Just like performing a reference interview, writing code is often a matter of asking the right questions. Despite evidence to the contrary, computers aren’t very smart. They’re designed to respond to very specific queries in a specific fashion. No matter the language, grasping this syntax has a definite learning curve. As a gentle introduction to some of these concepts, I’d urge you to consider the web resource If This Then That. IFTTT provides an elegant solution to the question, “How do I keep all of my social media accounts updated at once?” The service allows you to create tasks — structured triggers based on your social media postings that IFTTT turns into automated actions. Want to send your blog posts to Facebook? Archive your Instagram photos on Flickr? Send a favorited tweet to your Instapaper to-be-read pile? IFTTT has you covered.
If you have an IFTTT account, pick out a few of the premade “recipes,” and examine how each task is structured. Look at the way commands are written out. Which parts are instructions for IFTTT? Where are the variables—the bits pulled from an external web service? What conditions must be fulfilled in order to trigger an action? Gaining an eye for these mechanics will make it easier to recognize similar structures found elsewhere.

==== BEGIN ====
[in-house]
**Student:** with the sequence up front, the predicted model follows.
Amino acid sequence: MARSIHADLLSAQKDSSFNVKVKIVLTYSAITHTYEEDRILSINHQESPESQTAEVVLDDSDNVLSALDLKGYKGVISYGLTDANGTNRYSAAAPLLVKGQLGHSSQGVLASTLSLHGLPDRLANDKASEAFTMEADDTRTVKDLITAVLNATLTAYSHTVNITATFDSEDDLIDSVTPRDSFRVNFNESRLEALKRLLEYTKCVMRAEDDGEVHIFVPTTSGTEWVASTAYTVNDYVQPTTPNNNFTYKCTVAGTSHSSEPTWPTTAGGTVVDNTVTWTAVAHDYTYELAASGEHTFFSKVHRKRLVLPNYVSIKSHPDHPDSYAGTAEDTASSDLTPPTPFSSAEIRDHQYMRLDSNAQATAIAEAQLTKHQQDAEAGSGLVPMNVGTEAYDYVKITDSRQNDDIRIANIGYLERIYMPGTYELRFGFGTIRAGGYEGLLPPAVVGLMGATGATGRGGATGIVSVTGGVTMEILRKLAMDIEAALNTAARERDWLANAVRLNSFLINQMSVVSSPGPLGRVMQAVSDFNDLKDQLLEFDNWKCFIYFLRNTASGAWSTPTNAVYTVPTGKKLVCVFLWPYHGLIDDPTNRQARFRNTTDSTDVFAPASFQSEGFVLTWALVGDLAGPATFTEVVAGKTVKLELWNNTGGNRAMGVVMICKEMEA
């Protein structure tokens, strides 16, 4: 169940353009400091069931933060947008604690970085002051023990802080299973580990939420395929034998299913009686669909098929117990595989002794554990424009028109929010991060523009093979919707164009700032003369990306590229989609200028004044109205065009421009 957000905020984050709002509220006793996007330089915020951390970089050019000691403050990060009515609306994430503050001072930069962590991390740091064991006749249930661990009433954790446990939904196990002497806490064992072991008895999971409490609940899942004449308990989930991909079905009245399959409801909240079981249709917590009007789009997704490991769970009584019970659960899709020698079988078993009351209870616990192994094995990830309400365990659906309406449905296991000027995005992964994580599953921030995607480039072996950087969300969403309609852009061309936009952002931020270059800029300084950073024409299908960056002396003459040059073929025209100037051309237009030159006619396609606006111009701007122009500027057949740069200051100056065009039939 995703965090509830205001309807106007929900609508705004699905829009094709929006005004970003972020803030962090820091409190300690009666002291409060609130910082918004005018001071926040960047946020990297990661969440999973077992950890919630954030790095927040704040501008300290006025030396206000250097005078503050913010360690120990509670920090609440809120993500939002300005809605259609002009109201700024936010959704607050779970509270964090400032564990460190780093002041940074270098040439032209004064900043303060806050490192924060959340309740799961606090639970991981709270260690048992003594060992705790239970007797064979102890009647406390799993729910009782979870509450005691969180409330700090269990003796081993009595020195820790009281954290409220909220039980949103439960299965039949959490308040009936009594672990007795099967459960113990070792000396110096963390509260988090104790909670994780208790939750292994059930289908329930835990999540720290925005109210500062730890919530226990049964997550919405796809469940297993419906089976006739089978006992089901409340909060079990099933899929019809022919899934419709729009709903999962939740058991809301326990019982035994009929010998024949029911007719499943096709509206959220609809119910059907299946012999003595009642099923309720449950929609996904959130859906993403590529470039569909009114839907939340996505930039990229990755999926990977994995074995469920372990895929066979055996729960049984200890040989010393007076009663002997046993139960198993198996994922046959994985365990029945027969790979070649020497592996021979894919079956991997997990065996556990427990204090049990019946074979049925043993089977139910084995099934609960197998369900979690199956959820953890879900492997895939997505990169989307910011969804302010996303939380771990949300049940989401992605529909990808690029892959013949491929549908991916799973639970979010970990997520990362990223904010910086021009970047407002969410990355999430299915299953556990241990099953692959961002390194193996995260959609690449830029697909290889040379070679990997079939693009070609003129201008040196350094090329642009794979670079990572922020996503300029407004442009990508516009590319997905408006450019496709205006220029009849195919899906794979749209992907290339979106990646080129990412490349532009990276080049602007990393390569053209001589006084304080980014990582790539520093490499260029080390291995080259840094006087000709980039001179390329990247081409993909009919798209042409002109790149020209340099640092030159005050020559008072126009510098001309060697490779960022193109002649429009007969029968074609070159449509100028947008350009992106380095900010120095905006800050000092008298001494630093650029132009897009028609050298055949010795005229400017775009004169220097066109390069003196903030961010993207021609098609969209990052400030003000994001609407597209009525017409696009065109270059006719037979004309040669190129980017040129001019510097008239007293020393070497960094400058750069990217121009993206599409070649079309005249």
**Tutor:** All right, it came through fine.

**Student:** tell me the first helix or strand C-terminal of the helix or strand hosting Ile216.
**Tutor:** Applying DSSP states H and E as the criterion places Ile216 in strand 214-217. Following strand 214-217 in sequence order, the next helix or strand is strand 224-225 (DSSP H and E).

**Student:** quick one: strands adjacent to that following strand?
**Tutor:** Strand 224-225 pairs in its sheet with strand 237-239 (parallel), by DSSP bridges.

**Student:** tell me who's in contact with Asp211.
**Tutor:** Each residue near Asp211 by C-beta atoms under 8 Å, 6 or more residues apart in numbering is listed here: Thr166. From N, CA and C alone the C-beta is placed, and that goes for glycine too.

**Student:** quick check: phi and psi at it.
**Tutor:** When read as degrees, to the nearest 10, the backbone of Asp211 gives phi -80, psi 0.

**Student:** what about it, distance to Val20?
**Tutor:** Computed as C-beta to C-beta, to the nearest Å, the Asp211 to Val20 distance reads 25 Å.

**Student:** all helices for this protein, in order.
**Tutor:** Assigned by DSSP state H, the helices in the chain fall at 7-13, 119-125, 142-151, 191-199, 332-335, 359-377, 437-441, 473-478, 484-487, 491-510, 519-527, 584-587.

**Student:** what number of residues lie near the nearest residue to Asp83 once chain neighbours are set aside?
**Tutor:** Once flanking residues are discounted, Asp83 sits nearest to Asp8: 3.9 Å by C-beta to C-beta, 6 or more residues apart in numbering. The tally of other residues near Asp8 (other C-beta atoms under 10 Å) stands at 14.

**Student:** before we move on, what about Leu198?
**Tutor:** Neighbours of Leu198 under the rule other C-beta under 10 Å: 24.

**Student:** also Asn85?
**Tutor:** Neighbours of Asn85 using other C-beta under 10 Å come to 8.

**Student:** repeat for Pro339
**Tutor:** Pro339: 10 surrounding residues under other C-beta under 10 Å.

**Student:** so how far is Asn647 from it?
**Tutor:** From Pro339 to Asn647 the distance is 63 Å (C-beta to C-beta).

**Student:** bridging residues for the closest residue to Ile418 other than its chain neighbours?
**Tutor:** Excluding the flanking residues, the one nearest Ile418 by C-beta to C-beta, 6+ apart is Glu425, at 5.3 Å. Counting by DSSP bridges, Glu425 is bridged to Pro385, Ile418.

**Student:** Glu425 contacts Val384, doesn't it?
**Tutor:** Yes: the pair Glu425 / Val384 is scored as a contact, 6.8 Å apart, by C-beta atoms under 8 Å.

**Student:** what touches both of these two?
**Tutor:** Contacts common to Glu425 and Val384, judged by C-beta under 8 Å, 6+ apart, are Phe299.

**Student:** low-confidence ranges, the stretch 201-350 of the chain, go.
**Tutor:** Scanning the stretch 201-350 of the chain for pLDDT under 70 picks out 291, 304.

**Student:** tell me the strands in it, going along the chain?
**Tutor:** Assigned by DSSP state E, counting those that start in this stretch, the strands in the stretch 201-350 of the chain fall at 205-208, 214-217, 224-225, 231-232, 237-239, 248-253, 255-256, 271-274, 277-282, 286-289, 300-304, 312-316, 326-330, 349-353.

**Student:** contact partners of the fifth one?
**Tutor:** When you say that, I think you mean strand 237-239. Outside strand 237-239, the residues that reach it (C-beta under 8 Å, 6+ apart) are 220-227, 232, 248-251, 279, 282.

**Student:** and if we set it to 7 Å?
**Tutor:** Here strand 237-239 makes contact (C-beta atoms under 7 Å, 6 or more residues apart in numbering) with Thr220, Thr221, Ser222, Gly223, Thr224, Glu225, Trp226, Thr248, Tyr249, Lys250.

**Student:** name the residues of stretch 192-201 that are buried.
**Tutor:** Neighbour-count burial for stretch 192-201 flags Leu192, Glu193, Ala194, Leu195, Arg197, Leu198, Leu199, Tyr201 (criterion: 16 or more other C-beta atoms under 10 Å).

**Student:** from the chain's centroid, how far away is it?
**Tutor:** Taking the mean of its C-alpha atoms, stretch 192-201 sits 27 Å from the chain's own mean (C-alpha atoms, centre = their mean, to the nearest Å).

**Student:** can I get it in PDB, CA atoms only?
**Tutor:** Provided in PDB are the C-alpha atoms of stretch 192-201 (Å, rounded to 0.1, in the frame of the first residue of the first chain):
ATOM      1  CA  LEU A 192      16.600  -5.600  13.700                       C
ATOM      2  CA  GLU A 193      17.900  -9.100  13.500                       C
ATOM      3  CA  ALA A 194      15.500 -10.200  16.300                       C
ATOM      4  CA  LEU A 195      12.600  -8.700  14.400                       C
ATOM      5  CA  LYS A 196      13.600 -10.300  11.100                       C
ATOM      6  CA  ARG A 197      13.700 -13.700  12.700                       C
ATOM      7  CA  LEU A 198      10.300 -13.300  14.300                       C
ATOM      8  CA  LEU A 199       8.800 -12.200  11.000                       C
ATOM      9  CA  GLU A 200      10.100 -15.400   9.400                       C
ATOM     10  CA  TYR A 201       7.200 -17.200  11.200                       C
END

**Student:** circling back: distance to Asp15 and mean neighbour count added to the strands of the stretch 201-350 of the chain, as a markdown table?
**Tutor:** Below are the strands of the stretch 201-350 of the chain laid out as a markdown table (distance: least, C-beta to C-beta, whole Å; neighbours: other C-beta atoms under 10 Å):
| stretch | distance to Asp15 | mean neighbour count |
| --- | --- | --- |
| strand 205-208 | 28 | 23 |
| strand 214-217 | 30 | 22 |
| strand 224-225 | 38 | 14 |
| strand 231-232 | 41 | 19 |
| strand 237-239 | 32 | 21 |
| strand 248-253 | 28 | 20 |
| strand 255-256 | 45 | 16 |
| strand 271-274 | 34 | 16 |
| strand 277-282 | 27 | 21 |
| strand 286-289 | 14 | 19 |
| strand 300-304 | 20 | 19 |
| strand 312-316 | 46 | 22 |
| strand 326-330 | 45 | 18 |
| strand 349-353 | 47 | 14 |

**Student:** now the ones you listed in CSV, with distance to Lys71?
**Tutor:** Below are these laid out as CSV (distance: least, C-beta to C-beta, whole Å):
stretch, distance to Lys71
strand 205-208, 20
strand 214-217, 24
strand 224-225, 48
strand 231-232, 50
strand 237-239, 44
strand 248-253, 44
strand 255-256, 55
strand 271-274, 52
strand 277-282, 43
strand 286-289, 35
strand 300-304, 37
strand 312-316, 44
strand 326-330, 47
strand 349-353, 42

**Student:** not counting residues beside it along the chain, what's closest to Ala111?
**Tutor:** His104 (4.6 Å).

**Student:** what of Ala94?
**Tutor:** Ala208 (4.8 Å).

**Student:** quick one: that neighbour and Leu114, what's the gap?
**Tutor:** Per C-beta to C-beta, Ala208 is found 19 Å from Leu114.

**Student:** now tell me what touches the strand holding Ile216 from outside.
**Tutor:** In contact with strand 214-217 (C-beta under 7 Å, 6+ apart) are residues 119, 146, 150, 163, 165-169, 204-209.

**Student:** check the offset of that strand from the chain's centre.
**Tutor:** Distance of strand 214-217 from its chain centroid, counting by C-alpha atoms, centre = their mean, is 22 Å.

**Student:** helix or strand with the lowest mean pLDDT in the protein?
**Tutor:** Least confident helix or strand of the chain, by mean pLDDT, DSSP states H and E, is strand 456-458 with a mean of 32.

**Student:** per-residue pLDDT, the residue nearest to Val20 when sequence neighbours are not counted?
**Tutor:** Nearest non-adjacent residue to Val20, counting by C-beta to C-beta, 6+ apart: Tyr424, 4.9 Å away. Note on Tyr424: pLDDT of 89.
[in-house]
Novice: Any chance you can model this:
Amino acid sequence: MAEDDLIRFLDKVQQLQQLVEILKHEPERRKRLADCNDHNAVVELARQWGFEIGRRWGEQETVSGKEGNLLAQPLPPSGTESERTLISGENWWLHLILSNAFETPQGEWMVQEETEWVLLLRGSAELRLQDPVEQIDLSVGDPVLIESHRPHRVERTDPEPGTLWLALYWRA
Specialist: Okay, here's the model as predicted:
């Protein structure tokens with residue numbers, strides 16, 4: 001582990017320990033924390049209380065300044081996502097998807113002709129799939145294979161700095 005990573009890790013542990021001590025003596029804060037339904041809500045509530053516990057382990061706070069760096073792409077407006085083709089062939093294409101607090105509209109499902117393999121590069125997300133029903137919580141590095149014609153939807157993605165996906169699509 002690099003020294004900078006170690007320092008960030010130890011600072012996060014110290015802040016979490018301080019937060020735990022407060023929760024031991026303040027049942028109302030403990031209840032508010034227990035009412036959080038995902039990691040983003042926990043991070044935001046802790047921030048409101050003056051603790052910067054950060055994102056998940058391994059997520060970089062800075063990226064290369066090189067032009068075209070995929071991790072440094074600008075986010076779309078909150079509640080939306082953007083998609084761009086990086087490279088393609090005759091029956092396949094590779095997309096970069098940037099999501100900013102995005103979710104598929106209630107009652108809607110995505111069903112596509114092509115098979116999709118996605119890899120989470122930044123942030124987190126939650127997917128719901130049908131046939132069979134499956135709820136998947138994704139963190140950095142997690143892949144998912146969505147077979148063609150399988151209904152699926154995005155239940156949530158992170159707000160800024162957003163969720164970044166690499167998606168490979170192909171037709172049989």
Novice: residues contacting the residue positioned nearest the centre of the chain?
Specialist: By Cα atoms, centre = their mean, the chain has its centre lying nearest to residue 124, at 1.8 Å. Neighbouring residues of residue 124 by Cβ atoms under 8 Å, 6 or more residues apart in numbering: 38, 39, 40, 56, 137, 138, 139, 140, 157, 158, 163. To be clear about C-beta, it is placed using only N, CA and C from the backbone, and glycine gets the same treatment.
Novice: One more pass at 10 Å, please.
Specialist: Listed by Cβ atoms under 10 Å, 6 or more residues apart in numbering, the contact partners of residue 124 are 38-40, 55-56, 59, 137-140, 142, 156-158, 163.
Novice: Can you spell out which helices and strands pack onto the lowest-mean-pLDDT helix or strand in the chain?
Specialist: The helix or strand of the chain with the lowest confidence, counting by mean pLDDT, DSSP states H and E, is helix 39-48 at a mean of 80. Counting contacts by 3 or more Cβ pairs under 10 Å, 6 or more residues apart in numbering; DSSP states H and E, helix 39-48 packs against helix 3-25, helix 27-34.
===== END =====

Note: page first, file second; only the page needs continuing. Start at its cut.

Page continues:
Class Is in Session
Hopefully tinkering with IFTTT has given you some ideas. You’ve seen how a little bit of code can streamline parts of your digital routine. Perhaps you’ve even got a few ideas of your own for digging into library data. Where do you start?
The impression is often that you should have started coding back in kindergarten. Traditional computer science classes often assume a certain amount of preexisting knowledge—be it theory, math, or just a general intuition about how programming languages work.